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Crowded Air: an Invitation to Collisions

September 07, 1986|Christopher J. Witkowski | Christopher J. Witkowski is executive director of the Aviation Consumer Action Project

WASHINGTON — The air-ground horror that occurred over Cerritos last Sunday might have been prevented if the small Piper plane had been equipped with an altitude-reporting device.

Since 1954, the Federal Aviation Administration (and its predecessor, the Civil Aeronautics Administration) has had a mandate to resolve the midair collision problem. Many plans, proposals and electronic systems later, the problem has yet to be fully addressed, as the midair collision of the private plane and Aeromexico Flight 498 near Los Angeles International Airport proved.

The Aircraft Owners and Pilots Assn.--260,000 non-commercial aircraft owners and aviators--has successfully fought all attempts to place restrictions on planes operating near most major airports. This group, with many influential members, is comparable to the National Rifle Assn. in terms of organized power in Washington. Its ability to fight any restrictions on the freedom to fly is like the NRA's stranglehold over Congress in defending the right to bear arms. In addition, many upper-level FAA personnel, including the head of the agency, are private pilots sympathetic to the general aviators' concerns.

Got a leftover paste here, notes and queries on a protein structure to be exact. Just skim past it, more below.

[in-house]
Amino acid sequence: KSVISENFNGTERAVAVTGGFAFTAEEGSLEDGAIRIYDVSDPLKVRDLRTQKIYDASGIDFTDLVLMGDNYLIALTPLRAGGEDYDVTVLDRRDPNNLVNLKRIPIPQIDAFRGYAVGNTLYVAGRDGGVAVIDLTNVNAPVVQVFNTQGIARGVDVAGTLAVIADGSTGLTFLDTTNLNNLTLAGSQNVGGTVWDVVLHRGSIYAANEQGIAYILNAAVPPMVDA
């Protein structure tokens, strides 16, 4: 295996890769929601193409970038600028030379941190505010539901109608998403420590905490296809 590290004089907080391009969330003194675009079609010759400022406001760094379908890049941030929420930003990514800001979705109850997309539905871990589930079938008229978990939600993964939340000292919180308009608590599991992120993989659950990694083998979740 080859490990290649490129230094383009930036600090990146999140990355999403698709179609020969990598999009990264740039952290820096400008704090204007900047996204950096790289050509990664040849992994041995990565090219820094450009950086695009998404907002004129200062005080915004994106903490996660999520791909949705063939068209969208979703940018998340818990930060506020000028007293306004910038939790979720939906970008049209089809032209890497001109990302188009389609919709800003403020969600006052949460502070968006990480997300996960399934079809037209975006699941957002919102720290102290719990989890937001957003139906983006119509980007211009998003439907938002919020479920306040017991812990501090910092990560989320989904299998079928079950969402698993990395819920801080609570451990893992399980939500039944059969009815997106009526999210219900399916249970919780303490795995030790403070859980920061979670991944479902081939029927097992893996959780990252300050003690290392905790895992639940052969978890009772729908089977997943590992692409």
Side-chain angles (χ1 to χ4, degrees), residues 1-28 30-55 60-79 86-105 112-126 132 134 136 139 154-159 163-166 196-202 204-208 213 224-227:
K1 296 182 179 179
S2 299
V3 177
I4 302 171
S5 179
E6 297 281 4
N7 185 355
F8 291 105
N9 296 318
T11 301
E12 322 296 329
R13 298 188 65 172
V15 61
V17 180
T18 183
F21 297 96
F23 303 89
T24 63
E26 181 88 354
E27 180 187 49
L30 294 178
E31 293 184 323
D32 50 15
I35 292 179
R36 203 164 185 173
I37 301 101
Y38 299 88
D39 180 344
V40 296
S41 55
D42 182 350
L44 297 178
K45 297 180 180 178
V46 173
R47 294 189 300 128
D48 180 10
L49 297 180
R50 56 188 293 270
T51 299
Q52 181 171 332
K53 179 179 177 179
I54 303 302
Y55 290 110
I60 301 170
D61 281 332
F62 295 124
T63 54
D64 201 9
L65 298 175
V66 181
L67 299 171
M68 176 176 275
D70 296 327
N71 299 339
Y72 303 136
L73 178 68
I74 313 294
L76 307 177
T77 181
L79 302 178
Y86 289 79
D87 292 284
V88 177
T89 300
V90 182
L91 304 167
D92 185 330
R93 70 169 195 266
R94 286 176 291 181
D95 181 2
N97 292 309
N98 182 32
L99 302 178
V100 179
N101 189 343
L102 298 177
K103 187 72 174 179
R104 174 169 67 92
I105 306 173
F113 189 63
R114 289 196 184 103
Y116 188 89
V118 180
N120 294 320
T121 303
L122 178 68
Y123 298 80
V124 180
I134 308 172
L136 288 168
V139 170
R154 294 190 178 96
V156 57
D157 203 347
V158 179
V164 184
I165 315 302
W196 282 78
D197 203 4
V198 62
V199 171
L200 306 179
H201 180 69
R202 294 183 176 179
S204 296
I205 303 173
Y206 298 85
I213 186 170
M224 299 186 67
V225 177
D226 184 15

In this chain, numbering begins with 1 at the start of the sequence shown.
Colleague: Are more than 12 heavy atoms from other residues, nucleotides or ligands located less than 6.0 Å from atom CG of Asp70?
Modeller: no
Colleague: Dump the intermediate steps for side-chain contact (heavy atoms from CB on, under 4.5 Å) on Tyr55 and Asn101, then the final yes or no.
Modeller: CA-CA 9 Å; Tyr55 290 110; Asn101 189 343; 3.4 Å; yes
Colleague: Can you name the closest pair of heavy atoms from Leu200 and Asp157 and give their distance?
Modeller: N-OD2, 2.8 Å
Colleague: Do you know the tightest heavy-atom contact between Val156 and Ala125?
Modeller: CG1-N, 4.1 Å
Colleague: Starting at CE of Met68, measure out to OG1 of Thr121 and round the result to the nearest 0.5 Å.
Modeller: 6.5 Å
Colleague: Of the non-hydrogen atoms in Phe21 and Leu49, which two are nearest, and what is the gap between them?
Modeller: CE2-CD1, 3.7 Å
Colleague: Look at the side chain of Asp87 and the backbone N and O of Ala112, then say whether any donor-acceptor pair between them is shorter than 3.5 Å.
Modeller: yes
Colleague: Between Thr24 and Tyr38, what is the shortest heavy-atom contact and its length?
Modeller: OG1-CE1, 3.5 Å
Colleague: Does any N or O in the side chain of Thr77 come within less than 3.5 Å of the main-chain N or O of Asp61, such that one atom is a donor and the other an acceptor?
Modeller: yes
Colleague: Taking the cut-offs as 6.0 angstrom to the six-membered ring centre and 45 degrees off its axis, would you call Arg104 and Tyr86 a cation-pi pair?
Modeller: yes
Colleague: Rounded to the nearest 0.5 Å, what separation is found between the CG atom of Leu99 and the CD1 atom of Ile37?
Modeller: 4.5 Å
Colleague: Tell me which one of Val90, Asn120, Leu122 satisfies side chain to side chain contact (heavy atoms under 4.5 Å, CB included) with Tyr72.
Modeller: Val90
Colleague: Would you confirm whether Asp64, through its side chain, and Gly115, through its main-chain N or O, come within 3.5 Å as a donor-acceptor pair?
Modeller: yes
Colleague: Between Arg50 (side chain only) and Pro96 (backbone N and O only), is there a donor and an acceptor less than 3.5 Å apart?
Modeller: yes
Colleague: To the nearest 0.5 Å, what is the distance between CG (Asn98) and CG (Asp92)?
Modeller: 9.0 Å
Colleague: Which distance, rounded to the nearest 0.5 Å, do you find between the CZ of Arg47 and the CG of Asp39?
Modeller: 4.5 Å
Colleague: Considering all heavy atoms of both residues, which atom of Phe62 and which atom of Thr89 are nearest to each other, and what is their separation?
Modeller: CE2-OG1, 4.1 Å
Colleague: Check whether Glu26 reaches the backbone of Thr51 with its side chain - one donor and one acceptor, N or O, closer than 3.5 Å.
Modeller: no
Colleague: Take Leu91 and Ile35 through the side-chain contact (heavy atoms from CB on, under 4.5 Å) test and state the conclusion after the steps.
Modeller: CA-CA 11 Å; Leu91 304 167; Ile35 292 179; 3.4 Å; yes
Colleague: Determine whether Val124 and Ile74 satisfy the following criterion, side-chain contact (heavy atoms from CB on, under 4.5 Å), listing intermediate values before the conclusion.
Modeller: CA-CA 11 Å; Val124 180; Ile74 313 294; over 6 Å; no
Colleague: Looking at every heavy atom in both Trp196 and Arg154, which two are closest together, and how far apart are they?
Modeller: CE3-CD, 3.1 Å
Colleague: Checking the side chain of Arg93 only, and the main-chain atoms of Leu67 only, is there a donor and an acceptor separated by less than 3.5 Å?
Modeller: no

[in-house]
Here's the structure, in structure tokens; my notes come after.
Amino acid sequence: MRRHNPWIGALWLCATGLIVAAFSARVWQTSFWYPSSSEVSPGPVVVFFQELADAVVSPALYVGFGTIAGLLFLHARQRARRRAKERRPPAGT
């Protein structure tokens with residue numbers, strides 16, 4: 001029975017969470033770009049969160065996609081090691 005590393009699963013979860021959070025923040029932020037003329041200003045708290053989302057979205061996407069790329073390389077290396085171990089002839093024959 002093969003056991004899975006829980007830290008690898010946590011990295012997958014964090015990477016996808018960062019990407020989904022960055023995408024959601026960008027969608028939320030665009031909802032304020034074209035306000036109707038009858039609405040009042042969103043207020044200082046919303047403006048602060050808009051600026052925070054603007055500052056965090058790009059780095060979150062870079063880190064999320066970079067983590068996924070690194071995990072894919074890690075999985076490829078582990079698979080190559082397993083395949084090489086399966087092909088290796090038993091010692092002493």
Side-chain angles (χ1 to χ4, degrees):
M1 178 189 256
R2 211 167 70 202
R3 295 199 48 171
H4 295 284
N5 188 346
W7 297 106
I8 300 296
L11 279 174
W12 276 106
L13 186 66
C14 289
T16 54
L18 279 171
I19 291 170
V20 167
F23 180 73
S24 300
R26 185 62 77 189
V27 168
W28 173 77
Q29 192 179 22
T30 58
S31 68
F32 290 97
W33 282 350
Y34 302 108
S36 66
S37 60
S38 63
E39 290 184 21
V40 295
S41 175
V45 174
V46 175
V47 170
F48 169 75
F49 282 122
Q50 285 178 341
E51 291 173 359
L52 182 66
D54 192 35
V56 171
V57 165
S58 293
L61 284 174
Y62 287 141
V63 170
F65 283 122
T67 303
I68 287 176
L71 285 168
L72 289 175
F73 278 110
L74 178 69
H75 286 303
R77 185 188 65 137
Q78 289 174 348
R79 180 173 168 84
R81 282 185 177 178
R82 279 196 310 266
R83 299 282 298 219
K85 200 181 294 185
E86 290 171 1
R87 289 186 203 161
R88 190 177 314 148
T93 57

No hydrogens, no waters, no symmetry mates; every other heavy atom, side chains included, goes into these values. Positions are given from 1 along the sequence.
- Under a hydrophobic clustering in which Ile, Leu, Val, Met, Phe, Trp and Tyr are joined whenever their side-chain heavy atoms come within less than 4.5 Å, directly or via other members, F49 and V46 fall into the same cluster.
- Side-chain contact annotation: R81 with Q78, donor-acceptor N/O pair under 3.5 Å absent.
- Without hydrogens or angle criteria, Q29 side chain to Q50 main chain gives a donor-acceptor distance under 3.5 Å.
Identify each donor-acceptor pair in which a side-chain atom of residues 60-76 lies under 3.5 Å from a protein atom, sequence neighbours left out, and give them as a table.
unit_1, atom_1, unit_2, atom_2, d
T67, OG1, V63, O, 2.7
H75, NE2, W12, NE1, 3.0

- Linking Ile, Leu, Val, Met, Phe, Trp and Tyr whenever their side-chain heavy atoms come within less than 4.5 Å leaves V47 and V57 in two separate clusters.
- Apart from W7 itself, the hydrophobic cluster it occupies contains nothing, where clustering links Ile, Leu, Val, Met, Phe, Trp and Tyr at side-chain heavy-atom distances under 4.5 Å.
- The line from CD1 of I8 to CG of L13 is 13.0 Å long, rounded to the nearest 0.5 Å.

This may explain AOPA success in forcing the FAA to back down after proposing a series of important safety restrictions following the 1978 midair collision of a jetliner and a small plane in San Diego. At that time, the FAA recommended an extensive program to provide increased separation between commercial airliners and private aircraft. The FAA said that the major factor in potential midair collisions was traceable to private aircraft not being under full air traffic control, and that this could be almost eliminated by regulating congested air space--meaning, for example, the skies surrounding airports. Most of these proposals, including expanded requirements for altitude-reporting transponders, were withdrawn after vigorous AOPA opposition. Instead, the FAA reiterated the long-standing advice that pilots "see and avoid" other aircraft, advice consistently criticized as seriously inadequate by the National Transportation Safety Board in midair collision accident reports since 1969.

In March, the Air Transport Assn. (the major airlines lobbying group) asked the FAA to require a transponder with automatic altitude-reporting on planes in all terminal air space where the FAA provides radar service and in all controlled air space above 4,000 feet. The National Air Line Pilots Assn. supports this proposal and wants pilots flying in these areas to be qualified to fly on instruments as well as licensed to fly by visual rules.